• Dr. Nader Amer


The beginning of April I started working with a client who has been suffering from dystonia for 12 years. This client has opened my eyes to the difficulty this disorder can have oneself, their career, their family, and quality of life. Every client deserves due diligence and best quality of care. I have been asking my colleagues about their treatment plans with clients diagnosed with dystonia. They did not have the confidence to even tell me what they would do. This blog is to help other clinicians and clients to understand and have the steps to build their own plan of care.

Dystonia as defined by the Mayo Clinic is a movement disorder in which the muscles contract involuntarily, causing repetitive or twisting movements. This definetion sounds simple enough right? WRONG! Dystonia affects every person differently. Most muscular issues begin in a single extremity and develops to physical disabilities functionally, visually, and swallowing. These disabilities can lead to increased anxiety and stressed. We all know what increased stress and anxiety lead to decline in physical and mental function. Dystonia is complicated to diagnosis leading to transient or even permanent mis-classification secondary to varying symptoms. Common misdiagnosis are Parkinson's, essential tremors, myoclonus, tics, psychogenic movement disorder, headaches or even scoliosis. Current diagnostic tools are blood/urine tests to reveal toxins; MRI/CT scan to revel abnormalities, lesions, stroke; EMG to reveal unusual electrical activity within muscles. Plan of treatment for dystonia at this time is just managing symptoms. From a medication stand point they target neurotransmitters in the brain ie. Cardidopa-levodopa, Trihexyphenidyl and benztropine, tetrabenazine, and diazepam. These are complicated medications and not the focus of this post. Feel free to do your own research on these medications. Surgical interventions include implanting electrodes in specific areas to decrease muscle contractions, or cutting nerves to specific muscles to also decrease muscle contractions. Now for the "important" treatment THERAPY. Physical, occupational and speech therapy to help with improving function and dystonia if affects the voice.


Day 0: This client was referred to me for torticollis of the neck that had exacerbated over the past couple of months with a chronic diagnosis of Dystonia. Upon on introduction the first thing that stood out was forward flexed cervical spine with compensation of scrunching of the frontalis muscle (forehead muscle). Client had noticeable fatigue from scrunching her forehead and has history of chronic migraines which could be secondary to this compensation. Making me think right off the bat that we need to strengthen the posterior cervical spine muscles to assist with holding her head up, but also realizing that engaging those muscles will also triggering the torticollis which is currently her primary complaint (already going to be a complicated treatment without considering the dystonia). We went through all the muscle testing and her strength was overall 5/5 especially the right upper and lower extremities because that is the side that almost all of her spasms happen. Clients bilateral hip flexors,abductors, and gastrocs came in at 4/5. I am not one to judge based on the 1-5 standard scale because imbalance and weakness I think is relative, but including the standard out of respect for the profession. Right hip flexion, right single leg heel raise, right hamstring curl, and right inversion of the ankle all triggered a spasm which she called "club foot" because it look like a golf club when it was triggered. This club foot includes right hip flexion and internal rotation, right knee flexion, right ankle dorsiflexion/inversion, and all five distal phalanges (toes) contracting. Postural alignment was forward flexed upper trunk, right lateral side bend, right lower extremity internally rotated and decreased right knee extension. Client is able to perform all functional tasks (ADLs,IADLs, ambulation, household choirs) with increased time and frequent rest breaks. Clients goal is to be able to stand up straight for at least 4-8 hours a day and ambulate without a single point cane. Clients current plan of care is medications of levadopa, rotating Botox injections in certain muscles her and her neurologist have deemed hyperactive, and semi-consistent yoga training.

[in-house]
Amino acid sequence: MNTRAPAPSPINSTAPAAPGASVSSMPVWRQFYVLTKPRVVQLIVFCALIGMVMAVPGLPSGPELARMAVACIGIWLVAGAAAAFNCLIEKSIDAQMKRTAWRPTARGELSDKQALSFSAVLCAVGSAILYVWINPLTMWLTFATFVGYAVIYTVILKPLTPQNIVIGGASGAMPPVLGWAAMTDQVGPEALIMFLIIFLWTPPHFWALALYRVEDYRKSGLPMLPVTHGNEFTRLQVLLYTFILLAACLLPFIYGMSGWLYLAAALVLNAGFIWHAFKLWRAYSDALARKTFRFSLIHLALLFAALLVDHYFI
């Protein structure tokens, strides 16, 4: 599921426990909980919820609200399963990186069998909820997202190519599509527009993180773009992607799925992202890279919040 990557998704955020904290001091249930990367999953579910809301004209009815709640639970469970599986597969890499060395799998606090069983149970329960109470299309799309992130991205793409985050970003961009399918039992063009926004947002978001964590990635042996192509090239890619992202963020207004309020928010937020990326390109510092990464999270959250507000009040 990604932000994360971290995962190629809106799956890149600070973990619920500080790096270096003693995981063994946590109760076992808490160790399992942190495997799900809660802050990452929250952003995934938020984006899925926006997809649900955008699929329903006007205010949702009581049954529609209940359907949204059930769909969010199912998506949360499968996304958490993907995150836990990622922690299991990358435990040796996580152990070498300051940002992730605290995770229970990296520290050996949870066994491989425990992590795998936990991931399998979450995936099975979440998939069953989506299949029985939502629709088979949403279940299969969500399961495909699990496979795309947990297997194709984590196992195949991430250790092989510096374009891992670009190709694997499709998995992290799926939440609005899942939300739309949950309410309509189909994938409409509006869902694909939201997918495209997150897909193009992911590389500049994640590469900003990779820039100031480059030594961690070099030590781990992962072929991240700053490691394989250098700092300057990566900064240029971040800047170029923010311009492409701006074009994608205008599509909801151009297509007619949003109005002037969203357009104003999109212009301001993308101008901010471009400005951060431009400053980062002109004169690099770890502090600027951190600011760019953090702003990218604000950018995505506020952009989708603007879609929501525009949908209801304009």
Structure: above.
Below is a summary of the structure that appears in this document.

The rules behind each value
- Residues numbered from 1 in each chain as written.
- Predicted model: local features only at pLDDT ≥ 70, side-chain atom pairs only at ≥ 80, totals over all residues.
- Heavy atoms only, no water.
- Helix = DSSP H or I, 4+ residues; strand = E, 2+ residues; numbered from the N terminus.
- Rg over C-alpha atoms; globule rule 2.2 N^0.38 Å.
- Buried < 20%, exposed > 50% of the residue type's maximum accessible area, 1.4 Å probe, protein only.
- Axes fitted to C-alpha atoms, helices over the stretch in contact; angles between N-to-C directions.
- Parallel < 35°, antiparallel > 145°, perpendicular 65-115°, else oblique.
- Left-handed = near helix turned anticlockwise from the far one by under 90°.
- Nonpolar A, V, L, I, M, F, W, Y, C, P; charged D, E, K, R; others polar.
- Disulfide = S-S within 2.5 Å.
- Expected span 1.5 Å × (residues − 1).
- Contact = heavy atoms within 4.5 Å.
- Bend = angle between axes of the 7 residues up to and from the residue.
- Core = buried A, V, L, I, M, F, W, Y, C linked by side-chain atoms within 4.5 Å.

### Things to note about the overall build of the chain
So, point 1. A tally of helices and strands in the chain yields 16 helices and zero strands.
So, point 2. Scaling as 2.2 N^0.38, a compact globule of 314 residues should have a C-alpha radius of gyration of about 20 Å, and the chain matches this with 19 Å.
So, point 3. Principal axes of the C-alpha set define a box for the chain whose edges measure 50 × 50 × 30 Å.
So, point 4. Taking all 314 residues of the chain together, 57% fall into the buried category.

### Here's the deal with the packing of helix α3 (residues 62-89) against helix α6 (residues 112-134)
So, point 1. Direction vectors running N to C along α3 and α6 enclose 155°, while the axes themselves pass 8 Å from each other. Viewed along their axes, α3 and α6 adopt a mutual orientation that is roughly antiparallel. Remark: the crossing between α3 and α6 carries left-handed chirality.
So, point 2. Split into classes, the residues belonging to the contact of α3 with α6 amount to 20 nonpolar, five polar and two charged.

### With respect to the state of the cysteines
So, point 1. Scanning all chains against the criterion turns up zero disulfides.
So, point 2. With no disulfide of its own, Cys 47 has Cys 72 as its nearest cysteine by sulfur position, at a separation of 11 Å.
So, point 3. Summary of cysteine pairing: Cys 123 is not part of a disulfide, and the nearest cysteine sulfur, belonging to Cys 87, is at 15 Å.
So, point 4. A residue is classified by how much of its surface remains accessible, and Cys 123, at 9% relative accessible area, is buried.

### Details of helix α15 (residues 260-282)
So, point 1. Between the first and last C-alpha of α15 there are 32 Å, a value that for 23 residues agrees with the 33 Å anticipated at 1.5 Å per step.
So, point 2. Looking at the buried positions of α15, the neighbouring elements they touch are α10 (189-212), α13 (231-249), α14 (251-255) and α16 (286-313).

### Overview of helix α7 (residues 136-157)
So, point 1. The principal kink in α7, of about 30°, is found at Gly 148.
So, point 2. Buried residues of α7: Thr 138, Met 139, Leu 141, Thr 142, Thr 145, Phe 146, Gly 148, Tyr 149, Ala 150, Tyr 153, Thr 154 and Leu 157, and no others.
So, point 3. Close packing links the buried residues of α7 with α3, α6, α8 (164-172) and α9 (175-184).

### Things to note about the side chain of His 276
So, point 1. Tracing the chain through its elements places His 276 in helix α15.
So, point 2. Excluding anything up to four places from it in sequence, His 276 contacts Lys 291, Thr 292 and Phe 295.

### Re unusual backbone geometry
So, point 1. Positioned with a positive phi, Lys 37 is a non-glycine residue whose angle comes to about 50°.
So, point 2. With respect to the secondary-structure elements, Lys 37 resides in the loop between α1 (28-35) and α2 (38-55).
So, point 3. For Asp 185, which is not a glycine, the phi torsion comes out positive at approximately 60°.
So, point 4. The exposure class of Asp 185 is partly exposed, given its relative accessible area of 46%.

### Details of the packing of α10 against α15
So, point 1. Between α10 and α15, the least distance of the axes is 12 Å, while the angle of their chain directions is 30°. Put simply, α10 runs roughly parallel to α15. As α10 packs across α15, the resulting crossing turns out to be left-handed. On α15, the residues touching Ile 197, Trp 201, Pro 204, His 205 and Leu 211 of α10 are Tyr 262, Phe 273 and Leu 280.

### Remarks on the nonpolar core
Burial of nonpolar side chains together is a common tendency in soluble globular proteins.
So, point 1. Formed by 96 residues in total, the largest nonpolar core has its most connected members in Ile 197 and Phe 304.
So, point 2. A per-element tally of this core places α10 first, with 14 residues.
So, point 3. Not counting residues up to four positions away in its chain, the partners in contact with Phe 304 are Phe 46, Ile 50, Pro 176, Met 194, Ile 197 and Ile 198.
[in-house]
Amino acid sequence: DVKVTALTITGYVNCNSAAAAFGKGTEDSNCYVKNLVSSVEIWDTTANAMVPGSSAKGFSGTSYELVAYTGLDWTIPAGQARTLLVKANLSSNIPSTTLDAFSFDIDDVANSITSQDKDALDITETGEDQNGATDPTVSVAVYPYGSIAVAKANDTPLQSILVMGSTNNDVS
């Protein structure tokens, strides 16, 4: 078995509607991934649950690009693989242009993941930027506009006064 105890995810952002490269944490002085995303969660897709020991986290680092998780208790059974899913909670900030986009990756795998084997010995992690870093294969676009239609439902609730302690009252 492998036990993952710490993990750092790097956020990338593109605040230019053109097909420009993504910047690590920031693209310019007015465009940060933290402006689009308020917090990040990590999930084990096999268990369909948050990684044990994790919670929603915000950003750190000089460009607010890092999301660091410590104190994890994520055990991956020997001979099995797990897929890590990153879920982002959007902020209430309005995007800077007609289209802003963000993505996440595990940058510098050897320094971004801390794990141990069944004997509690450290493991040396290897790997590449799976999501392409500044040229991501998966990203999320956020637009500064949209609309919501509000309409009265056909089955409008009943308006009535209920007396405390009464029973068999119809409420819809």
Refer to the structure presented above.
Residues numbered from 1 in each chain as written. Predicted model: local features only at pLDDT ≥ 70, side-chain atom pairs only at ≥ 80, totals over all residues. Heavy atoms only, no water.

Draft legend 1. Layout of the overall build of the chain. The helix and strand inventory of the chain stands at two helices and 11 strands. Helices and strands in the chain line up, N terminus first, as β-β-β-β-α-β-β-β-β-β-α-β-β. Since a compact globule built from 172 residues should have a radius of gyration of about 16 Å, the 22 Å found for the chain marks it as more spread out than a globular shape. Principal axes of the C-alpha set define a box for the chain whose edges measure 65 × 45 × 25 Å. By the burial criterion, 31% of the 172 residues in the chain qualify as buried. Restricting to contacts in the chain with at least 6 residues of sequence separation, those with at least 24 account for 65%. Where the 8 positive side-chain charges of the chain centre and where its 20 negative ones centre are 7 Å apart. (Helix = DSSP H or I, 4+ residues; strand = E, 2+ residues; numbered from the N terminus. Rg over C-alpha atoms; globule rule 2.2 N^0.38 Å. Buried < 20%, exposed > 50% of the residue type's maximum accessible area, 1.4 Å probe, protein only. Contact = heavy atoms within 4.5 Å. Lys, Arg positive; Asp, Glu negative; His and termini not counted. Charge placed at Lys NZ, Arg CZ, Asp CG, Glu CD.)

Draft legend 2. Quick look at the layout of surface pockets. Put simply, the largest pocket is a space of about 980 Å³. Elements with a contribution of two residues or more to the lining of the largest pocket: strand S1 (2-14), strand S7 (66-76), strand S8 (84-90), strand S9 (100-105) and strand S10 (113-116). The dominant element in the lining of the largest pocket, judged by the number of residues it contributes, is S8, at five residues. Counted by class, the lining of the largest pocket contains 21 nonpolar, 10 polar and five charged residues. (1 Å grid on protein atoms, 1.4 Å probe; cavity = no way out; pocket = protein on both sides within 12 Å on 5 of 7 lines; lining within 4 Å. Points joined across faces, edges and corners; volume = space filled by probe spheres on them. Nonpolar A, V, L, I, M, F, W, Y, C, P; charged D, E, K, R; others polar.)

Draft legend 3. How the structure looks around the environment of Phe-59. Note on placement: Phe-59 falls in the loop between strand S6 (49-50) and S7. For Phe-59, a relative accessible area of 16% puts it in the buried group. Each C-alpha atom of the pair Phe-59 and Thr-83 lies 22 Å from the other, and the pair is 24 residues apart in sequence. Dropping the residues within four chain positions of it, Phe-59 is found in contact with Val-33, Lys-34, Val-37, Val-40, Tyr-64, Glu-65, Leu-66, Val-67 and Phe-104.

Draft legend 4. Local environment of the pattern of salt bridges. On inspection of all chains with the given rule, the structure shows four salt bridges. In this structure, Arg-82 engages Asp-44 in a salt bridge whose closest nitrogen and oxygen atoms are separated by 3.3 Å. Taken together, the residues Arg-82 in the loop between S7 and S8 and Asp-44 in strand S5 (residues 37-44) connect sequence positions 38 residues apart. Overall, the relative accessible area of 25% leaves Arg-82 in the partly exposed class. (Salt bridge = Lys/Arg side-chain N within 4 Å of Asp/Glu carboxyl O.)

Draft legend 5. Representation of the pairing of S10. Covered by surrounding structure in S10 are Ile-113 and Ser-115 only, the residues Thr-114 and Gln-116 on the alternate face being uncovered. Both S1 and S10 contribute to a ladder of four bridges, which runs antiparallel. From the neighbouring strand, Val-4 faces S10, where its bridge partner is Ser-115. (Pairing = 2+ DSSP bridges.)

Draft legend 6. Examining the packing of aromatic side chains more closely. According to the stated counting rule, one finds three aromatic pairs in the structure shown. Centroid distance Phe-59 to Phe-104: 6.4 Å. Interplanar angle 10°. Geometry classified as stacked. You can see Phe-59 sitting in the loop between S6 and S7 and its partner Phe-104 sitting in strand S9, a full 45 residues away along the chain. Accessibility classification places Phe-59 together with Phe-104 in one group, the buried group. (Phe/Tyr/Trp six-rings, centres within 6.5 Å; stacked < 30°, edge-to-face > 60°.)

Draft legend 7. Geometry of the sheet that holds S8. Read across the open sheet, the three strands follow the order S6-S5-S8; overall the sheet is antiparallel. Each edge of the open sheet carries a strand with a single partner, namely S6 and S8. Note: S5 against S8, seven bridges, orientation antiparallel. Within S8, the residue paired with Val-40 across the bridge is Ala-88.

After discussing what the clients goals were and my approach of strengthening as most important part of any treatment plan but also the belief of alignment with appropriate muscle length and range of motion we began passive range of motion and stretches. Beginning with easy hamstring, piriformis, quadriceps, and iliacus stretches to improve postural alignment. Educated client on how to perform tasks on her own to allow patient independence with her own treatment. Her cervical spine and mobility was a different story. After lower extremity stretches and range of motion went to her neck. Any stretching of upper trapezius, sternocleidomastoid, levator scapulea triggered the torticollis and club foot spasm. After effluerage (fancy word for gentle massage) of said muscles her range of motion improved with decreased triggering of spasms.

Before leaving we reviewed corner stretch, chin-tucks, bilateral upper trapezius stretch, and hamstring stretches to be performed daily to improve alignment and strength of the neck. For daily strengthening exercises prescribed lateral step downs from her stair with finger support for balance, standing heel raises, supine bridges, and sidelying hip abduction.

This is the start of the treatment. I will follow up with summary every couple of weeks. If you have any questions leave a comment or email me at dr.naderamer@gmail.com.

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